"Thank you and please place the rest of the cards back in the mummy case."

"George please pick up the cards that Jim has dealt there in front of you and from that stack deal off two hands."

"Thank you George, You did that very well. Now would you do one more thing for me? Turn over the top mummy of each hand and see what the Egyptian symbols mean to you." ( Symbols could be read for additional bluff at this point.)

The answer..."Nothing."  "NOTHING ! OK, let’s try the card indices. What do you find?"  "Two six's. The six of hearts and the six of spades" replied George.

"That is a bit unusual wouldn’t you say?" " Not if you are doing a card trick."  "DeNomolos doesn’t do card tricks. You know that." 

DeNomolos wasn’t smiling. He was just holding the little scroll and staring at George.

"6 and 6. Both even numbers. Added together that makes 12. side by side we get 66. Let’s try that."

DeNomolos pushed the giant book across the table toward Jim.

"Jim, open the book to page 66 and go down to line 12 if there is text and if not to the 12th object and tell us what you find."

Jim discovered in the section of Ancient Egypt a time line chart. As he moved down to the 12 entry he found the following information.

"In 3000 BC the old kingdom was beginning to disintegrate for lack of central leadership................"

DeNomolos casually unrolled the scroll. The almost clear skin was covered with hieroglyphs. As the scroll was extended to its full length a small slip of paper fell to the table. DeNomolos cleared his throat and began; "I took the liberty of making a small translation from the text of the scroll. It says quite simply, The kingdom failed for lack of a strong leader."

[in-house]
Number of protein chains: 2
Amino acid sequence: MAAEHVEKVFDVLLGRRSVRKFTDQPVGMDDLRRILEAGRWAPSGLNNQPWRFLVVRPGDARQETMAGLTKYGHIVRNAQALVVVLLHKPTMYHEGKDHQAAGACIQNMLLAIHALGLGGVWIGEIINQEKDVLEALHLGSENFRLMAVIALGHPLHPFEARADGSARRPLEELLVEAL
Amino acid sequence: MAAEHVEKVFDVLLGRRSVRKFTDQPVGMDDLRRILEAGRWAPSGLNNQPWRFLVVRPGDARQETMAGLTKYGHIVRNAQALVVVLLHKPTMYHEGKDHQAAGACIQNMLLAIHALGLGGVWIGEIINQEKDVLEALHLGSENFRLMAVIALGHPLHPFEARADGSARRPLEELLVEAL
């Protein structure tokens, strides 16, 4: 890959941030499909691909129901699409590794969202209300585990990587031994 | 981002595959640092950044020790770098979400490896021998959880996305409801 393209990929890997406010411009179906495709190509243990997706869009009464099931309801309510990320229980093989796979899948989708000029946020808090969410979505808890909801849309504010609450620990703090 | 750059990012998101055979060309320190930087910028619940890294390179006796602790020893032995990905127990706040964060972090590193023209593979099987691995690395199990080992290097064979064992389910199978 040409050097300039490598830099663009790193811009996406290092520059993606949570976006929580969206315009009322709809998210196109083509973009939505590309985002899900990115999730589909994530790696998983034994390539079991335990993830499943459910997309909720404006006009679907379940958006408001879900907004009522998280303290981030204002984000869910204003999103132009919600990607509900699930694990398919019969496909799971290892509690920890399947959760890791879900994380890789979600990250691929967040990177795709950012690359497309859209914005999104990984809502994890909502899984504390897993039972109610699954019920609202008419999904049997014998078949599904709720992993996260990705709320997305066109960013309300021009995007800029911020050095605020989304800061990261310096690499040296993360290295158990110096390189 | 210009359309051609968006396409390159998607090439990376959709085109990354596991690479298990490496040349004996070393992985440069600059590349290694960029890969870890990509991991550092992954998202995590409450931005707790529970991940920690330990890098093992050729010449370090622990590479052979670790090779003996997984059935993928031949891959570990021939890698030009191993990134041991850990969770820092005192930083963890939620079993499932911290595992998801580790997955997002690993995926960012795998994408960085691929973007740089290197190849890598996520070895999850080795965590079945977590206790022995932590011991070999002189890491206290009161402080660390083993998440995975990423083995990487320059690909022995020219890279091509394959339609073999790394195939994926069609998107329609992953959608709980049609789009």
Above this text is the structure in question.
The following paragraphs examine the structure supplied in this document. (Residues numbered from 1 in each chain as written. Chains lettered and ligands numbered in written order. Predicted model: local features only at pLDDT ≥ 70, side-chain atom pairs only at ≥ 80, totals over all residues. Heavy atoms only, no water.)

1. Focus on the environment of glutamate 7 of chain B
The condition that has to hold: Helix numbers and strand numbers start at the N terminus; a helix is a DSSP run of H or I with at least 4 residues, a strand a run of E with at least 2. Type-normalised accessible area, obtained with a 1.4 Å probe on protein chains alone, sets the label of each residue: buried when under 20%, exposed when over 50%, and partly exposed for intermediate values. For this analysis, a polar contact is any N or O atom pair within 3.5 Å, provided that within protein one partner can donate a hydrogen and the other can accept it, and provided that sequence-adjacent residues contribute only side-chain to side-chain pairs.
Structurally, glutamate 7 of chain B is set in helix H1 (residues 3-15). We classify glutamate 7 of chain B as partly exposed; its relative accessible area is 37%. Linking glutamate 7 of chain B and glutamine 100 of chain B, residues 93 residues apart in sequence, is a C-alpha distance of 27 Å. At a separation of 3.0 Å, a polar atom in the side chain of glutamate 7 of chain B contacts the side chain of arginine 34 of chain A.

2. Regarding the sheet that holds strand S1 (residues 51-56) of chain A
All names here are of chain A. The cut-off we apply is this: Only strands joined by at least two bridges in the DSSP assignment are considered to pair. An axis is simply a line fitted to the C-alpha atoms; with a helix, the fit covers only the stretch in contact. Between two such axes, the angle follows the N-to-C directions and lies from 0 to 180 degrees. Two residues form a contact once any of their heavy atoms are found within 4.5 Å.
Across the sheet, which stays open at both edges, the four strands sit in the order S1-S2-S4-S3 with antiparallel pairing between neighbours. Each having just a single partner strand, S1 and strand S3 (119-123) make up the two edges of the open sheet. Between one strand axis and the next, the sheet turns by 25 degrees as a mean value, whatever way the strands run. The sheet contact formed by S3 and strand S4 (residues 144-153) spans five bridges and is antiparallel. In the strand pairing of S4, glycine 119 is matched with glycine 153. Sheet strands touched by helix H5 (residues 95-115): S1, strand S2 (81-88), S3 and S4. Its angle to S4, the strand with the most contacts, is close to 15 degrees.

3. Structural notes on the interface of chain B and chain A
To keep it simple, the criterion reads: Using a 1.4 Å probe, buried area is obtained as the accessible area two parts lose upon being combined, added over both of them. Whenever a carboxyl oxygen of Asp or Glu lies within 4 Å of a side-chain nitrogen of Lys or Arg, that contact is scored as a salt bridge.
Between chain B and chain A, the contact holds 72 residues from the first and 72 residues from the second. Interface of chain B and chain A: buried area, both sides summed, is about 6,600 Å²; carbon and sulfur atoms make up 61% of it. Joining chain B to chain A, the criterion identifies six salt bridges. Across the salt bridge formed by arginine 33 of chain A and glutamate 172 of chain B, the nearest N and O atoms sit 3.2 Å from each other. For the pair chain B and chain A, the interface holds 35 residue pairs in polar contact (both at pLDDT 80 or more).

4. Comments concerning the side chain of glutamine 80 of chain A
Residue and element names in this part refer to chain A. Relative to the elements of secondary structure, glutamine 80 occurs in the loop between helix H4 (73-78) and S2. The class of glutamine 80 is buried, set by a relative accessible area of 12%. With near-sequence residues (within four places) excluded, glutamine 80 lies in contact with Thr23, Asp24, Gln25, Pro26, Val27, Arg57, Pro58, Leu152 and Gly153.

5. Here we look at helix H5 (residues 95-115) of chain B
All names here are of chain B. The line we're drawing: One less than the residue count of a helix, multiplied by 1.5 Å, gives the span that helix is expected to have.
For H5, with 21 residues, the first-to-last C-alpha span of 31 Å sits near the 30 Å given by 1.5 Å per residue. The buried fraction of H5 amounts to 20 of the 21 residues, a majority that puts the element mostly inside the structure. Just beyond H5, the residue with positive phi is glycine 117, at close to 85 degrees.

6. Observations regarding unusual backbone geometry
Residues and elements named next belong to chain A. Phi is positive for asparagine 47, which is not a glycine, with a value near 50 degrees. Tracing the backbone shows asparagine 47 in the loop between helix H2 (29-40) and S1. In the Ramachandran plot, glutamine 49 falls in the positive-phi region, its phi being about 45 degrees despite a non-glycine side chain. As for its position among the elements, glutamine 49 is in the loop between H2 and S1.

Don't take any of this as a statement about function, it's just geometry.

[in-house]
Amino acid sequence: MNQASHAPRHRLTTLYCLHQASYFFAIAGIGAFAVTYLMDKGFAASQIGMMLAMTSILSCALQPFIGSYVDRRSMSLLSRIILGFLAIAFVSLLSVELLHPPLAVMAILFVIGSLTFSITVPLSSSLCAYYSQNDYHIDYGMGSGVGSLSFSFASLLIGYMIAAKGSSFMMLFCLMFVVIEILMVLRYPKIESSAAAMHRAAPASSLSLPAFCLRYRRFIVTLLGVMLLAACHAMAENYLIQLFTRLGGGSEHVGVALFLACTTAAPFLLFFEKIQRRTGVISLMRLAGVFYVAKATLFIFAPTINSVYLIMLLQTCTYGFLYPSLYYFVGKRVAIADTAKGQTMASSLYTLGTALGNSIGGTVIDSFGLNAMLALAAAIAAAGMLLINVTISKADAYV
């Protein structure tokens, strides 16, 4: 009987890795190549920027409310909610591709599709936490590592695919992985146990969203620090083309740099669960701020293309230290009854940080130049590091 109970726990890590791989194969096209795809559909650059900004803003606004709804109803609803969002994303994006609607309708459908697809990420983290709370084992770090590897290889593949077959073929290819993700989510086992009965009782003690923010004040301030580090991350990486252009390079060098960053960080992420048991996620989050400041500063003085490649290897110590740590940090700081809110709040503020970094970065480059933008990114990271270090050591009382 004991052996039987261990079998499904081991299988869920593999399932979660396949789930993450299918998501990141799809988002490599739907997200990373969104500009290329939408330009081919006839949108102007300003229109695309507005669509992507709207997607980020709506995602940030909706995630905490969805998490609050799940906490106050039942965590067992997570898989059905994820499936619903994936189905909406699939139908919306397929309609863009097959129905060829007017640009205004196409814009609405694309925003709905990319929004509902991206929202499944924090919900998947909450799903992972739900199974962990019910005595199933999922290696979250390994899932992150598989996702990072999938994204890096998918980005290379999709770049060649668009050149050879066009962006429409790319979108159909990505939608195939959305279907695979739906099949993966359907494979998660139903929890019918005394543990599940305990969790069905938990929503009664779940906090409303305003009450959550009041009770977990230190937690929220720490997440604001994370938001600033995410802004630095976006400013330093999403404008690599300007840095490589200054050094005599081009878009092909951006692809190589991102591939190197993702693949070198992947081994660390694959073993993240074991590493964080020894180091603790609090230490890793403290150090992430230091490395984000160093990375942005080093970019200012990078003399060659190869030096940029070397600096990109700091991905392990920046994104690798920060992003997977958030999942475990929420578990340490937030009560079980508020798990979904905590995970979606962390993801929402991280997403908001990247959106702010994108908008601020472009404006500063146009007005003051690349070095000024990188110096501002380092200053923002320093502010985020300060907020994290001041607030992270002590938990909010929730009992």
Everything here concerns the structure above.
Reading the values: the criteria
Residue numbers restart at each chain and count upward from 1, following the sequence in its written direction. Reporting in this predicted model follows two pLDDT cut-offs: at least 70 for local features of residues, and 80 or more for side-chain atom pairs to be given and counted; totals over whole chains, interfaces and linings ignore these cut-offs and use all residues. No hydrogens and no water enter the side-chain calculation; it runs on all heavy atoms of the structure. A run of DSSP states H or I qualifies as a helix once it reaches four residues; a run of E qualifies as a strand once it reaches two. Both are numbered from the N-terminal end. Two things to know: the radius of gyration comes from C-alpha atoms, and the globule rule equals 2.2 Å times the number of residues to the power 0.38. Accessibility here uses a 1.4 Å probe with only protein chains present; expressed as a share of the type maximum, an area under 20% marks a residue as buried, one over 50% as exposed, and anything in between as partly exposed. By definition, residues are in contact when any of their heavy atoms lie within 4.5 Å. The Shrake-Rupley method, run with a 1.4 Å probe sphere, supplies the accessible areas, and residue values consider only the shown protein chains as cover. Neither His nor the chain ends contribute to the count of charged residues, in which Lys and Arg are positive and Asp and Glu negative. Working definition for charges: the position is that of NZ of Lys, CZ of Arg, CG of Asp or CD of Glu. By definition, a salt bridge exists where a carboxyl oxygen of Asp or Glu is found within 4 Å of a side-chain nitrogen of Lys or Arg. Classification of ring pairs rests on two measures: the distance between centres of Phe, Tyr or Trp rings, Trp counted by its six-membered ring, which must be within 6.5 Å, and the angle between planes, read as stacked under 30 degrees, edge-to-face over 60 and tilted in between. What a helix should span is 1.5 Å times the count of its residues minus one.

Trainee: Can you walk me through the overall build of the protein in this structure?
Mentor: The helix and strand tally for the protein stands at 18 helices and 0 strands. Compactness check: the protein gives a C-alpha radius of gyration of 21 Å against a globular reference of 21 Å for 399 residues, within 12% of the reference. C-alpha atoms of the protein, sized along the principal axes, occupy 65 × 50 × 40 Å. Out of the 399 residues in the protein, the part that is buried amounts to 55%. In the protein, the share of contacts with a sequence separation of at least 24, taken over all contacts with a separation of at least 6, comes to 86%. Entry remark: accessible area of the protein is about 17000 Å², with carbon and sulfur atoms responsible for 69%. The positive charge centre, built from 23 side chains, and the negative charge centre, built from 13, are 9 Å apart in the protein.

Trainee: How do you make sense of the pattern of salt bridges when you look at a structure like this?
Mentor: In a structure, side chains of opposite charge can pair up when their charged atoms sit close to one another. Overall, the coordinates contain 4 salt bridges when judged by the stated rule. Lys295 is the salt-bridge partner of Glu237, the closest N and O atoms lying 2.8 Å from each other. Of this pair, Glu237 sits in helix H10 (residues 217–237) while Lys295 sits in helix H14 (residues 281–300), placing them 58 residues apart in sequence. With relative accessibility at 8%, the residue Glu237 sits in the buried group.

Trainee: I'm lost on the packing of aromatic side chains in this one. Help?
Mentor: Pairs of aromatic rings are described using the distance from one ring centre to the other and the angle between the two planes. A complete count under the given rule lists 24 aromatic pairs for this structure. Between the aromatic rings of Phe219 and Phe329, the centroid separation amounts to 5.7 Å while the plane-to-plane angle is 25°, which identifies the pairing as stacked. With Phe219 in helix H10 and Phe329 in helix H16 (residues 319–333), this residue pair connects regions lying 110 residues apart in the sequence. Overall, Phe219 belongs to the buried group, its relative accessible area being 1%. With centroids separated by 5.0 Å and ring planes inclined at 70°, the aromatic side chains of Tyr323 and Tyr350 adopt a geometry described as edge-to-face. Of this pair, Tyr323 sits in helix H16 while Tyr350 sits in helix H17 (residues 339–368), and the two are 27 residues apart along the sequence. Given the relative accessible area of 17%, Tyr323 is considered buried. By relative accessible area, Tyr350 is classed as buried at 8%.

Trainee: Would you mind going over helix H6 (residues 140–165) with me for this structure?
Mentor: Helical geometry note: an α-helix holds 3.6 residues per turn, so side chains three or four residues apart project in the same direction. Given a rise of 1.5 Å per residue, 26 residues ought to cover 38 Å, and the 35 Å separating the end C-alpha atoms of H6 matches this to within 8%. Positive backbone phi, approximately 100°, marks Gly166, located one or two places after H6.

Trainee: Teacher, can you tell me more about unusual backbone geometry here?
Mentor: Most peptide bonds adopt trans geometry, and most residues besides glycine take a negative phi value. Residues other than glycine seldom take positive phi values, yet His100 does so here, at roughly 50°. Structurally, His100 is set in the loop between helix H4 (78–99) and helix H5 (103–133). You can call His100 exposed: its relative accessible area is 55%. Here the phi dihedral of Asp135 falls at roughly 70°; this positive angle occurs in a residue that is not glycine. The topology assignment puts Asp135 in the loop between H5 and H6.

He passed the scroll to Charles and smiled. "What do you think Charlie?"

Amazed, once again we looked at the artifacts and pondered a solution.


All items described are just what they are. A collection of oddities, which singly evaluated are simply curiosities but when used collectively present a tableaux for a most plausible story. The scroll is made from sausage casing, hand lettered and rolled around a piece of 1/4 inch dowel with epoxy end caps with a bit of colored stone embedded in each. A bit of cord is cemented to the scroll and a seal of epoxy putty adds to the antiquity.

The card trick is just that. the top two cards of the pack are the two six's. Cards are counted off to an even number, forced on the spectator with magical direction. They become the bottom two cards on the new stack which is dealt out in two hands and the original cards become the top card of the new stacks. That probably has a fancy name and was probably invented by someone famous for card flinging but it is my simple means of getting the page identified and a location on the page of the big, strange book. Ambiance is the key to the mystery. The props help weave the story and a little history lesson is presented to the unsuspecting audience.

Obviously the number arrangement can be changed to suit almost any book for a book test such as this. Four cards could be forced and the numbers added to make things appear anywhere in the book. The story is simple enough and the props, while somewhat unique, are available at Museum Stores and Nature Stores. Developing an eye for something magical is a part of the learning process. Magick is where you find it. Most often, not at your favorite dealers or from the most recent magic catalog.

To View All The Props, CLICK HERE.